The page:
After a 14 month hiatus from the first-class game, Gayle returned to lead his native Jamaica to an emphatic victory over the Windward Islands – he led not as captain but by his deeds. His second innings 165 at quicker than a run a ball saw deliveries dispatched to all parts of Sabina Park, and reminded the West Indies Cricket Board (WICB) and cricket fans around the world of what the game has been missing. Gayle hasn’t played test cricket since a first ball duck against Sri Lanka in late 2010, and has had extended periods out of both the ODI and T20I sides  - surprisingly, it’s closing in on two years since he donned the famous maroon cap in a T20 international. But, is he missed? Should the WICB move on and mend the bridges for the betterment of the game in the Caribbean, or is the Calypso King more trouble than he’s worth?

Since Lalit Modi and the BCCI changed the face of cricket, and the weight of players’ pockets, with the launch of the IPL in 2008, Chris Gayle, and others of his ilk, have been provided with an alternative to the simple joys of international cricket. There are now professional T20 competitions played in England, Australia, India, South Africa, Bangladesh, Zimbabwe, the West Indies and New Zealand, and the list will continue to grow.

For a batsman with attacking ability to burn and a touch of Caribbean cool, Chris Gayle has become the most sought after cricketing mercenary in the game. He has played everywhere bar New Zealand, though after the dismal effort of the Sydney Thunder in this season’s Australian Big Bash League he contemplated boarding a plane to Hamilton to play in the Northern Knights final HRV Cup T20 match before preferring to spend the time in the sun with a few quiets in his short-term Aussie home.  The loss was entirely ours!

In his absence from the international game, there has been little but T20 to judge Gayle on. Pundits and spectators the world over marvel at his power and potential for complete batting domination, but has he really made the impression we think he has in the past 14 months?

In short, yes. As his most recent dispute with the WICB escalated in early 2011, he joined the Royal Challengers Bangalore (RCB) in IPL4 after being left out of the Windies side. It is debateable whether one player has had such an influence on his team throughout any tournament. In 12 innings, Gayle topped the runs scorers with 608 at an average in excess of 67, including two centuries and three 50s - second placed Virat Kohli played five more innings that the dominating Jamaican. Similarly in this season’s Australian BBL he averaged in excess of 40 and almost singlehandedly took a woeful Sydney Thunder to the playoffs.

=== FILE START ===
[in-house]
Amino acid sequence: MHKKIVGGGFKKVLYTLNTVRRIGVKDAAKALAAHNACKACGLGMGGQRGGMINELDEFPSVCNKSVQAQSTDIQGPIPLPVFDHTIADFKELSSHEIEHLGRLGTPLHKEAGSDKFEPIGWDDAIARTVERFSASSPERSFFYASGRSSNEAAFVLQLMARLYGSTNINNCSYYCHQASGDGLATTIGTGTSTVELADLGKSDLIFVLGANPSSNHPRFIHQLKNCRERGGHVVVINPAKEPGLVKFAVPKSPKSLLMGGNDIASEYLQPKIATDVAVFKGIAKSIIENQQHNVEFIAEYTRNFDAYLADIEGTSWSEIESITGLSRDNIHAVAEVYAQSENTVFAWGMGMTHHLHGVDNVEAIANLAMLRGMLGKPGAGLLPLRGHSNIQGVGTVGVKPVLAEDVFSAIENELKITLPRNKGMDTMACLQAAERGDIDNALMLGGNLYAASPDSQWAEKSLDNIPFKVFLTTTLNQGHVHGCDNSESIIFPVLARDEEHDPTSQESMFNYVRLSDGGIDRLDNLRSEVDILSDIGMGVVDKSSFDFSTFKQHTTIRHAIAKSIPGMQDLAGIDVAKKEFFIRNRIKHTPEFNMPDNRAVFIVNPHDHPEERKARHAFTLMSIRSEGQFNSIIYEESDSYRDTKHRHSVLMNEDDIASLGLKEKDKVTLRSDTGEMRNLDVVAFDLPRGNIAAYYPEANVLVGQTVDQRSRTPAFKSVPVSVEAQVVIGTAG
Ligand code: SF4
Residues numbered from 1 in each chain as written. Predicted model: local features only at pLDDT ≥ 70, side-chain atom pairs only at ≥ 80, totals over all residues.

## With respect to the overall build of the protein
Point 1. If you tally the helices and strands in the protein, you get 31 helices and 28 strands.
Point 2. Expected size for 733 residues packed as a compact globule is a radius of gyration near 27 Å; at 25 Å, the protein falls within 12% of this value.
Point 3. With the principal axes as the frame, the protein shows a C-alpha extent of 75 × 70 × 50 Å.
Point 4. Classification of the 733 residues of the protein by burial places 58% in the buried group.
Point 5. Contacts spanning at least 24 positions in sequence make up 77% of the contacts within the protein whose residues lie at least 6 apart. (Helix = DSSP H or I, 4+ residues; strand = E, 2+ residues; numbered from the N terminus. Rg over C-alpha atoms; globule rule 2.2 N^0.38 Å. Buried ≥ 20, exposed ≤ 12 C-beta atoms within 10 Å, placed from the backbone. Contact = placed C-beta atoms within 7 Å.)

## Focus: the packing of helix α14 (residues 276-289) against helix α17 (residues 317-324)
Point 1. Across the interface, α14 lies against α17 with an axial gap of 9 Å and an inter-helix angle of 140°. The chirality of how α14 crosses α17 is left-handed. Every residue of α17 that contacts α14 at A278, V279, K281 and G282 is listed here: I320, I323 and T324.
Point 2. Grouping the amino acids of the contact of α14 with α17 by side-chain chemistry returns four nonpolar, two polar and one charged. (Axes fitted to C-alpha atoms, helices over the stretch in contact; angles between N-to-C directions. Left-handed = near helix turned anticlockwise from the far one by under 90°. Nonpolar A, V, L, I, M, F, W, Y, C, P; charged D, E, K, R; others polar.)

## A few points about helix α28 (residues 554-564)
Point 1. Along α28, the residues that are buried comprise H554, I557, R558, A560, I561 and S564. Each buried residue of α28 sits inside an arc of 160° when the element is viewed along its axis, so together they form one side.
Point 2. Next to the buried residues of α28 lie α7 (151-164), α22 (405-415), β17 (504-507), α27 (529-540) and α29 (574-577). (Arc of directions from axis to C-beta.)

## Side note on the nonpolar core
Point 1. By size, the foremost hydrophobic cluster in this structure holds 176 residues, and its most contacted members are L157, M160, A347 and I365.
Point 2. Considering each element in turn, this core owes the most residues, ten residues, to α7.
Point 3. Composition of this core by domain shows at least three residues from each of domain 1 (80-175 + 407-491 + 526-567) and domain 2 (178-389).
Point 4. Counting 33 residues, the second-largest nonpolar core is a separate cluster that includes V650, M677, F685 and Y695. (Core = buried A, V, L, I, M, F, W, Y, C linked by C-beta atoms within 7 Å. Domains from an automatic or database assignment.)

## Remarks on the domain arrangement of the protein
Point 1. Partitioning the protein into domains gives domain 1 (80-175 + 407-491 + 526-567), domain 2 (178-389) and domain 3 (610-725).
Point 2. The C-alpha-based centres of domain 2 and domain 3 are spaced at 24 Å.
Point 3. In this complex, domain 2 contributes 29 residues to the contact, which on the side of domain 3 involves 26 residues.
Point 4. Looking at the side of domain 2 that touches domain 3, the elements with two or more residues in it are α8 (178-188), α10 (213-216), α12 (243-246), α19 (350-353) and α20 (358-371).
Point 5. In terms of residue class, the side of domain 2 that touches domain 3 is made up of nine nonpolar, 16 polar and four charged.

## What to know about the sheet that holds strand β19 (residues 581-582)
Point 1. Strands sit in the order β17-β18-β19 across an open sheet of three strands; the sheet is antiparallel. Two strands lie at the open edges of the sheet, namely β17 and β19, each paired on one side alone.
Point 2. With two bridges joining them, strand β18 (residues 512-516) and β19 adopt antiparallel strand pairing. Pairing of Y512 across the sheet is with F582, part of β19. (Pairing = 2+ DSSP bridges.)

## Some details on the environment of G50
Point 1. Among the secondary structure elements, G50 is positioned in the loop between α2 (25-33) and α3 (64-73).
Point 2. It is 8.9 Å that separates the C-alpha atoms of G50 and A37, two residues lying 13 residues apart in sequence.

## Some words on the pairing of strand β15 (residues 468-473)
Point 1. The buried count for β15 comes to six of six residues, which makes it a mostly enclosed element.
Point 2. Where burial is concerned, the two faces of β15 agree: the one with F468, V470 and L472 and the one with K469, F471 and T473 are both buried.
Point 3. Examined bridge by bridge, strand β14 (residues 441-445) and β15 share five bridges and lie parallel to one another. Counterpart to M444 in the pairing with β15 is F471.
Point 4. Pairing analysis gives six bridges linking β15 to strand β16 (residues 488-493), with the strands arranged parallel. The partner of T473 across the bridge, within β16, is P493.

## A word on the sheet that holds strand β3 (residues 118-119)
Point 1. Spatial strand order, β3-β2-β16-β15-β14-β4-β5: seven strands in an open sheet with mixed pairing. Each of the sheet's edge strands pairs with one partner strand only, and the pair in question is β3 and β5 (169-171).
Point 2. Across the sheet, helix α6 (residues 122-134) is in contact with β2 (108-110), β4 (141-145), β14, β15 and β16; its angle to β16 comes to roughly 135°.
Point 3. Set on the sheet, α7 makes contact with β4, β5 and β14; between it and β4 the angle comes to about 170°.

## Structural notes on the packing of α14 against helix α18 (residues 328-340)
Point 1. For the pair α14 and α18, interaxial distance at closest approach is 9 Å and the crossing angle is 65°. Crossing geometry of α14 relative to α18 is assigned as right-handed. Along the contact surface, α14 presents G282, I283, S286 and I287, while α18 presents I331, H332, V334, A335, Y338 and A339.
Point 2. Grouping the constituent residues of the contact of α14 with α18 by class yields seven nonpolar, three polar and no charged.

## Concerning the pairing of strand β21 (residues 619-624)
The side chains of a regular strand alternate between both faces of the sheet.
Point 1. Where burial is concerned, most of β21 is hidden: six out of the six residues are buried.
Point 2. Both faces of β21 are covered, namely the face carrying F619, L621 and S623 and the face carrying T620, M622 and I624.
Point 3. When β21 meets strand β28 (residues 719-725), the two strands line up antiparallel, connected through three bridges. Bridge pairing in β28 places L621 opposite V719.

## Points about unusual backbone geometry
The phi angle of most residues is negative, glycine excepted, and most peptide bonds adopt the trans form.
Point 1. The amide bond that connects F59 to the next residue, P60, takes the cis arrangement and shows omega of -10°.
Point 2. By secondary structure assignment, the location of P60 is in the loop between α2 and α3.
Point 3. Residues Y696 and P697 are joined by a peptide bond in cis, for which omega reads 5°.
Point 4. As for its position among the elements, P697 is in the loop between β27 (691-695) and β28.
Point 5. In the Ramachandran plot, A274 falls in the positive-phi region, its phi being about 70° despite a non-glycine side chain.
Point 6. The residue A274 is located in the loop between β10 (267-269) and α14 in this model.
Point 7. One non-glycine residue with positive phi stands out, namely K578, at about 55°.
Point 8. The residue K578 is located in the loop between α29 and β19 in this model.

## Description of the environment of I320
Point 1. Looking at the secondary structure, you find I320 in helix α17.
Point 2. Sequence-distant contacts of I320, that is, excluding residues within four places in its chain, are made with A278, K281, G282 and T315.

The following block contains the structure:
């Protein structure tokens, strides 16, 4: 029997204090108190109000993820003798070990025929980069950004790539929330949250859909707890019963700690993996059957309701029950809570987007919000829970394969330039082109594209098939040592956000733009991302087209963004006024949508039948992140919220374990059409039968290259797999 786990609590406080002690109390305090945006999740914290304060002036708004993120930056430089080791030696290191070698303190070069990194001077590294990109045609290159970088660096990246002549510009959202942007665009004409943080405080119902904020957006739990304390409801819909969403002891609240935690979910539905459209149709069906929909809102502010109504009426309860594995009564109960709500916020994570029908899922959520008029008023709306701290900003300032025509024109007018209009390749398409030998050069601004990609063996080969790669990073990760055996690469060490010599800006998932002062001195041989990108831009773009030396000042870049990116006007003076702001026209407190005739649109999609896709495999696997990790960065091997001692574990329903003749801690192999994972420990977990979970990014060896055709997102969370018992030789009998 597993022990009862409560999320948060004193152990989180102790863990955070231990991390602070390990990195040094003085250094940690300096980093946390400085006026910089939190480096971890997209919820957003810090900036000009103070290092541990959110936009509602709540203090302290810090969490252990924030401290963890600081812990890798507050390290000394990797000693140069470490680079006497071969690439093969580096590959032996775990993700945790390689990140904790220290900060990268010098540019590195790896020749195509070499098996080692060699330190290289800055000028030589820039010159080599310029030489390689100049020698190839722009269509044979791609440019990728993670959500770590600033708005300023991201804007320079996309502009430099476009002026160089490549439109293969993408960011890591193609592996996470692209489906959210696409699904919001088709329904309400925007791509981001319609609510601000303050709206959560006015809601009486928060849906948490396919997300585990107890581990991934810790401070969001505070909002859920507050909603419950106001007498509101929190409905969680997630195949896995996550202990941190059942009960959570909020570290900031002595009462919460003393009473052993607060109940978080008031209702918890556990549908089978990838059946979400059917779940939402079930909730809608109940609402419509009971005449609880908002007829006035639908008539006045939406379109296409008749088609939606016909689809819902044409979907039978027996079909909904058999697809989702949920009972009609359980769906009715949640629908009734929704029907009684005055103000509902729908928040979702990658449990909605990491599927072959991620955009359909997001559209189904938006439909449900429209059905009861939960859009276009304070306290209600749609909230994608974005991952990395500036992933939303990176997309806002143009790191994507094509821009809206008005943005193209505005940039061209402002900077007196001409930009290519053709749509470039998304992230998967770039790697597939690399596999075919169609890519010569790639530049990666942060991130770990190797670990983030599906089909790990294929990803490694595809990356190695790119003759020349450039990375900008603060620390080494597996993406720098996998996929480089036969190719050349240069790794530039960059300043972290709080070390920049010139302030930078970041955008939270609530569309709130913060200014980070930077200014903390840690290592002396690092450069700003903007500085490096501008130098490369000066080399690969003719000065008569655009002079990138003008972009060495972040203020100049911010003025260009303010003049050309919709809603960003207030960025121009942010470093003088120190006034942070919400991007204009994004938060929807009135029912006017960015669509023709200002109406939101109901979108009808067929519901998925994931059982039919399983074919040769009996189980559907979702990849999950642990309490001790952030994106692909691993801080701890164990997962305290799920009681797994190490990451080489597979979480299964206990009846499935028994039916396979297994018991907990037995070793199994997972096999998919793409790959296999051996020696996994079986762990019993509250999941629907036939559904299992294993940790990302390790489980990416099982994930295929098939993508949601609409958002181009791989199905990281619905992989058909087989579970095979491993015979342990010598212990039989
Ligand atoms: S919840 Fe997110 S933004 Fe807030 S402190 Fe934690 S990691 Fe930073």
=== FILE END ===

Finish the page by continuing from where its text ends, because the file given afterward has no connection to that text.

What of the disputes between Gayle and the WICB? Has there ever been a winner or are all parties, including cricket fans, losing out on every occasion? Gayle, and a number of his cricketing contemporaries, has had a running battle with the WICB since as far back as 2003. Money, personal sponsorships, selection criteria, criticisms of the board and coaches, and contractual disputes, among others – the grievances read like a sporting soap opera. Turn it into a reality show and the WICB would at least clear its money woes. Even when he was captaining the side, the issues continued – in 2008 Gayle resigned due to team selections, only to resume the role two weeks later, and in 2009 missed tests against Bangladesh and the ICC Champions Trophy as the WICB had a wholesale cleanout over contractual matters.

The current ‘he said, they said’ storyline belongs in primary school playgrounds not in the game’s upper echelons. The dispute could provide Gayle with a convenient excuse to end a sparkling international career, with its best years unfulfilled.  A proud West Indian, there is more chance of Curtly Ambrose’s band covering Justin Bieber than Gayle retracting past statements and apologising. Likewise, the impasse has shown the pettiness of a national board charged with growing Caribbean cricket. Their lack of foresight in the Gayle saga against a backdrop of continued managerial incompetence and island infighting is killing the proud legacy of the once mighty Windies. At present the ‘any publicity is good publicity’ mantra is being severely tested.

Does Gayle really want to play for his country when he is the most recognisable T20 mercenary in the game? Or does the current situation suit him better? He plays short tournaments in most every cricketing nation, is handsomely paid for it, and gets to enjoy his time away from the restrictions that go with being an international cricketer. Consider this: after a three day test defeat in England at the conclusion of the 2009 IPL, a clearly frustrated Gayle commented he wouldn’t be sad to see test cricket die out in favour of T20 – defeatist loathing or honest observation?